Reading Lately: Reading Challenges & #WITmonth Progress (August 2018)

In the last month I’ve been enjoying vacation reads, a book club pick, and the first of my books-in-translation for Women in Translation Month. Since I often read Norwegian and other Scandinavian female authors, I’m going to venture outside my comfort zone for #WITmonth starting with a book from South Korea.

Once again, I’m joining Modern Mrs. Darcy’s Quick Lit link-up where readers share short and sweet reviews of what they’ve been reading lately.


Girl at War by Sara Nović

This was a favorite of the summer. It’s a very moving novel about a young girl and the effects of the Yugoslavian Civil War (1991-1999) on her life. Ana is ten years old and living in Zagreb, Croatia, at the start of the war. She makes her way to America after some horrible war experiences. Ten years later she returns to Croatia for closure. Reading it while traveling through Croatia, particularly along the coast near where Ana spent summers and where the book ended, really brought it to life also. (A fun example, Sara Nović writes about a drink called Cedevita and its importance for Ana’s generation, and we saw it all around and were able to taste it.) It’s hard to believe war took place in this beautiful country not so long ago.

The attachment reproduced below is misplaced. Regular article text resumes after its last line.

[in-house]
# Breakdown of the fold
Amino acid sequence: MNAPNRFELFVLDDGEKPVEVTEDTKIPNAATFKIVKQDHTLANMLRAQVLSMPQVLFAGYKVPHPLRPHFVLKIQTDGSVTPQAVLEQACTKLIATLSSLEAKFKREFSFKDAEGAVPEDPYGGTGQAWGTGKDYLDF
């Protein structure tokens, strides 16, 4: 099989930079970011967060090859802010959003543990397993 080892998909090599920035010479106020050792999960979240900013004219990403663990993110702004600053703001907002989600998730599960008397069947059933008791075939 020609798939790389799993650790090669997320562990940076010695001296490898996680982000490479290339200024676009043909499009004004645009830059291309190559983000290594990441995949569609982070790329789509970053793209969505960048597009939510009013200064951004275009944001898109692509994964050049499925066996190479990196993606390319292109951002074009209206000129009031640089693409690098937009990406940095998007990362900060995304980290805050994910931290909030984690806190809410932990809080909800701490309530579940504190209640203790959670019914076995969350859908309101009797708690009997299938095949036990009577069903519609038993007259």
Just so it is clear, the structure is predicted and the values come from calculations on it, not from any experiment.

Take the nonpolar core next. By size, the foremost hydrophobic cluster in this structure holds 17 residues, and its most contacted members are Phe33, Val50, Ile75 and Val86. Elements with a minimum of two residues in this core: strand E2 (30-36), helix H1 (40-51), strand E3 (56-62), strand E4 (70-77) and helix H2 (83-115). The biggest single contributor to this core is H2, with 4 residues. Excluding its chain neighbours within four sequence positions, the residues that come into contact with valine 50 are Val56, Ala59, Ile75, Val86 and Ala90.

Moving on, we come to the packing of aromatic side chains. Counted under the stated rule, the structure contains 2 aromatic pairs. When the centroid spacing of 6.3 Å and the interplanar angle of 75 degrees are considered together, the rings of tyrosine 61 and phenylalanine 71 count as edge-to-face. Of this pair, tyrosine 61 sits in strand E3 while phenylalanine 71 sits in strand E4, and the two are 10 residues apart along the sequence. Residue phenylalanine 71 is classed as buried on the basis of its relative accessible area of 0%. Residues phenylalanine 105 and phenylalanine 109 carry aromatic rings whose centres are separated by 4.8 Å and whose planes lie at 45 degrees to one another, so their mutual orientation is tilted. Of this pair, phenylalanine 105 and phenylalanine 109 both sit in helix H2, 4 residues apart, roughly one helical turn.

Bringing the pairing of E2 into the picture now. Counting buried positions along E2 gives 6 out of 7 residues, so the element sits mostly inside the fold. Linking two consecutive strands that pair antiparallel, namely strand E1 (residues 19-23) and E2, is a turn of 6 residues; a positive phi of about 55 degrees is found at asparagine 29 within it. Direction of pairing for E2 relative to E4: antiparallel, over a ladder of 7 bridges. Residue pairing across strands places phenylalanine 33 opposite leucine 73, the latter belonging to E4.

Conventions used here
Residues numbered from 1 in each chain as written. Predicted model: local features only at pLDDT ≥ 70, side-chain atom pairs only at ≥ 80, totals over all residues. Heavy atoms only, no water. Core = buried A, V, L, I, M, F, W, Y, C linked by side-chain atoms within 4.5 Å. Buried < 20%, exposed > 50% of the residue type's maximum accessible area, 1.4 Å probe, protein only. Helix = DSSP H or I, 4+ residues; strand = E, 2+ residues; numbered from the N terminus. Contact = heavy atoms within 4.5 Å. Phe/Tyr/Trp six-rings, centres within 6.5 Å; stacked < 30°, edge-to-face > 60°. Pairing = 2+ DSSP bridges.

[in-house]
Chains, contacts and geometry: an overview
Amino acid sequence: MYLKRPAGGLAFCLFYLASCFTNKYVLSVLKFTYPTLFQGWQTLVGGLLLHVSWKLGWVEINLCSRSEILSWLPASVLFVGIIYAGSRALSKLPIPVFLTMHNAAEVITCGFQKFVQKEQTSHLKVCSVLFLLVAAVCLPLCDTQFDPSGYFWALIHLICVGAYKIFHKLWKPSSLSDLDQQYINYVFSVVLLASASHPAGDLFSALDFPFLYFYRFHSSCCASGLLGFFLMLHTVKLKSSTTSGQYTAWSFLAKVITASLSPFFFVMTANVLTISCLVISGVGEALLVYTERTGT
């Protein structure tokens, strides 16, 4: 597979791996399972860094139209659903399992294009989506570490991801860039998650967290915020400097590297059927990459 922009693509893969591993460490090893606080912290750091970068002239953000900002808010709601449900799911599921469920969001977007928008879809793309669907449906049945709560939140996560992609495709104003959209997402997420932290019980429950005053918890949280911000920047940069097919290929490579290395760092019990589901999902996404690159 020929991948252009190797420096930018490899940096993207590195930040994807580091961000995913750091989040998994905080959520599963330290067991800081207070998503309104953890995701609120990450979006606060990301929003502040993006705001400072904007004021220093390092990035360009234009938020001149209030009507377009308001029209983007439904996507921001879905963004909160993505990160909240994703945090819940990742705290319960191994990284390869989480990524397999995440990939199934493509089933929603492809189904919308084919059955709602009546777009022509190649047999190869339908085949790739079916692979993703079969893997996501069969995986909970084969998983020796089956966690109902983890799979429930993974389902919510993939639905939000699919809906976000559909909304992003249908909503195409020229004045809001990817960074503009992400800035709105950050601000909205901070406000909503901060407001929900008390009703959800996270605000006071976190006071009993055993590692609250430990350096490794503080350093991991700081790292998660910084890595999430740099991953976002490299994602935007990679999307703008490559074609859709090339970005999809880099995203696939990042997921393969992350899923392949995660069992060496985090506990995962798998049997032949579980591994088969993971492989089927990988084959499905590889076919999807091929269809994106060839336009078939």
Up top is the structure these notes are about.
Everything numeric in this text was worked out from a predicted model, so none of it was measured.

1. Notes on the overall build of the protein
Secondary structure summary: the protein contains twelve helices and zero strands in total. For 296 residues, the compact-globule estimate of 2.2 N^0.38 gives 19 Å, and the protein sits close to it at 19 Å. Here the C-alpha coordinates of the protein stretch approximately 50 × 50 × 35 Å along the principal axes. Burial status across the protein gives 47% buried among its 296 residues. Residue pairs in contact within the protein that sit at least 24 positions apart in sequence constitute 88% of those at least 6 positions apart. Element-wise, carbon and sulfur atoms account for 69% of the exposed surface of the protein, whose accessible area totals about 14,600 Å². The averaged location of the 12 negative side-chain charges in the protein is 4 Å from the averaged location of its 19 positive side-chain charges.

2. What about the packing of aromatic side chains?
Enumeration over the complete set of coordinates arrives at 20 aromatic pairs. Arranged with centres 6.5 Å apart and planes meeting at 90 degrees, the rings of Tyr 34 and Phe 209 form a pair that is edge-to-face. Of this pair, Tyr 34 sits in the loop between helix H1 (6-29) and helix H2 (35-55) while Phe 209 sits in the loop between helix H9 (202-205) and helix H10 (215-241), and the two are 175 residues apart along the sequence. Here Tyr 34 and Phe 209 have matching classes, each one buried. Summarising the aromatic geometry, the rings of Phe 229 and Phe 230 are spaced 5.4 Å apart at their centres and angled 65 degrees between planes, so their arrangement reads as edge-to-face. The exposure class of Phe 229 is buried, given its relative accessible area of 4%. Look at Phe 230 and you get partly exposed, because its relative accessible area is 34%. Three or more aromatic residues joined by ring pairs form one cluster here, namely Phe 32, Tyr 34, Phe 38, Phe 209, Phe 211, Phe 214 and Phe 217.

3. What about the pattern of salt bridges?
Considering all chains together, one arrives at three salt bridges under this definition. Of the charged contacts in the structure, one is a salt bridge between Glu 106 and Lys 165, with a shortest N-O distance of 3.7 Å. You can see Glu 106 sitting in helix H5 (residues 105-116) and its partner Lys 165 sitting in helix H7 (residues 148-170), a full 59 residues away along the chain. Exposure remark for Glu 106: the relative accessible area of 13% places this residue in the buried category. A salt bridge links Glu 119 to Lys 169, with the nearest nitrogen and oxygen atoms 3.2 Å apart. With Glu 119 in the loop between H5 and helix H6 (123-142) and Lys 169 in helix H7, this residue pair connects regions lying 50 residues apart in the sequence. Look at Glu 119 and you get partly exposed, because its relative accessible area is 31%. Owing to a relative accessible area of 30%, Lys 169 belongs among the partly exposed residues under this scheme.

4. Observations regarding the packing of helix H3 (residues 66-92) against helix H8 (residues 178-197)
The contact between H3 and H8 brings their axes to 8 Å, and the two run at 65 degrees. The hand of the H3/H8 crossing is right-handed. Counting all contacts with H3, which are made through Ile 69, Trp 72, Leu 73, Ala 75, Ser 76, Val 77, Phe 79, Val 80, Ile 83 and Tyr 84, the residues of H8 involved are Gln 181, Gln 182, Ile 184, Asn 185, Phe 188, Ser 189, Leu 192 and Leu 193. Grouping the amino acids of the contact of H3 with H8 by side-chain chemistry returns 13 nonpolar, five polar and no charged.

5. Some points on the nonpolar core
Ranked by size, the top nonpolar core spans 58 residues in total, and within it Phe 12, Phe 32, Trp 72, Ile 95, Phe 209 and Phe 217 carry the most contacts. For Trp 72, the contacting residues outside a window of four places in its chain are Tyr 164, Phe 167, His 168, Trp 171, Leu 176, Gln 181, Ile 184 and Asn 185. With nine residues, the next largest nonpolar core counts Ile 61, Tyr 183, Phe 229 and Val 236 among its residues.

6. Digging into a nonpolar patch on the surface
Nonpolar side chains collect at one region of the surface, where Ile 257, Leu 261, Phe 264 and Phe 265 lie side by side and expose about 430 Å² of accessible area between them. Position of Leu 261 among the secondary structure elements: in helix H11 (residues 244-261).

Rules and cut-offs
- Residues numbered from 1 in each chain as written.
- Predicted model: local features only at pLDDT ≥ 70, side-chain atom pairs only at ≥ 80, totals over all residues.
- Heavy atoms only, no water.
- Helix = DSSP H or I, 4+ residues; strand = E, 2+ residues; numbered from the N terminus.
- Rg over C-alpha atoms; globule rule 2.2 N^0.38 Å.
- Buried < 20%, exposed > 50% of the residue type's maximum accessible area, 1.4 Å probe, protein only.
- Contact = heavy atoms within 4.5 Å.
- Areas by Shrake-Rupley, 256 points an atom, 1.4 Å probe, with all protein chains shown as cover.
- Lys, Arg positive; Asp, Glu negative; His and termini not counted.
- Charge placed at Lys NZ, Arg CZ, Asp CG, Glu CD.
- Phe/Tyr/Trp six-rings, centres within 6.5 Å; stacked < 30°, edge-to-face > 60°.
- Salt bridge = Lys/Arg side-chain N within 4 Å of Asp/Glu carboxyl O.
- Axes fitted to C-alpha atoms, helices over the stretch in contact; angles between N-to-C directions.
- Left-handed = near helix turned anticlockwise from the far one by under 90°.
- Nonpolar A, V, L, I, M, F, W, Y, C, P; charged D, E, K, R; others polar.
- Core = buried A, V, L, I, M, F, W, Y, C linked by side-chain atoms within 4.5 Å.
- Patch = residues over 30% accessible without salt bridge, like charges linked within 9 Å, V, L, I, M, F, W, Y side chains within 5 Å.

I’ll Be Your Blue Sky by Marisa de los Santos

I absolutely loved everything about this book! There were so many wonderful characters. Friendships were deep and true. Family was a huge extended network. There was an intriguing mystery. The writing was beautiful. It all made for a fun and easy read, but at the same time there was serious substance beneath it all. I had hesitated reading it because I hadn’t read the previous two books involving the same characters, but then I just decided to jump in anyway. I’m so glad that I did. I’m recommending this to anyone who needs a book recommendation these days.

Reading Challenges:


Do Not Become Alarmed by Maile Meloy

This book was not for me. I finished it but only to see if I could understand why both Reese Witherspoon and Anne Bogel (MMD 2017 Summer Reading Guide) recommended it. The writing was simple and dull, the characters unsympathetic, and the plot not that engaging. The only interesting thing was that I really enjoyed her middle grade level The Apothecary when I read it while ago and have a hard time believing this is the same author. Luckily, it did fulfill an empty prompt for a reading challenge (a book where the characters are traveling somewhere) so it wasn’t a total waste of time.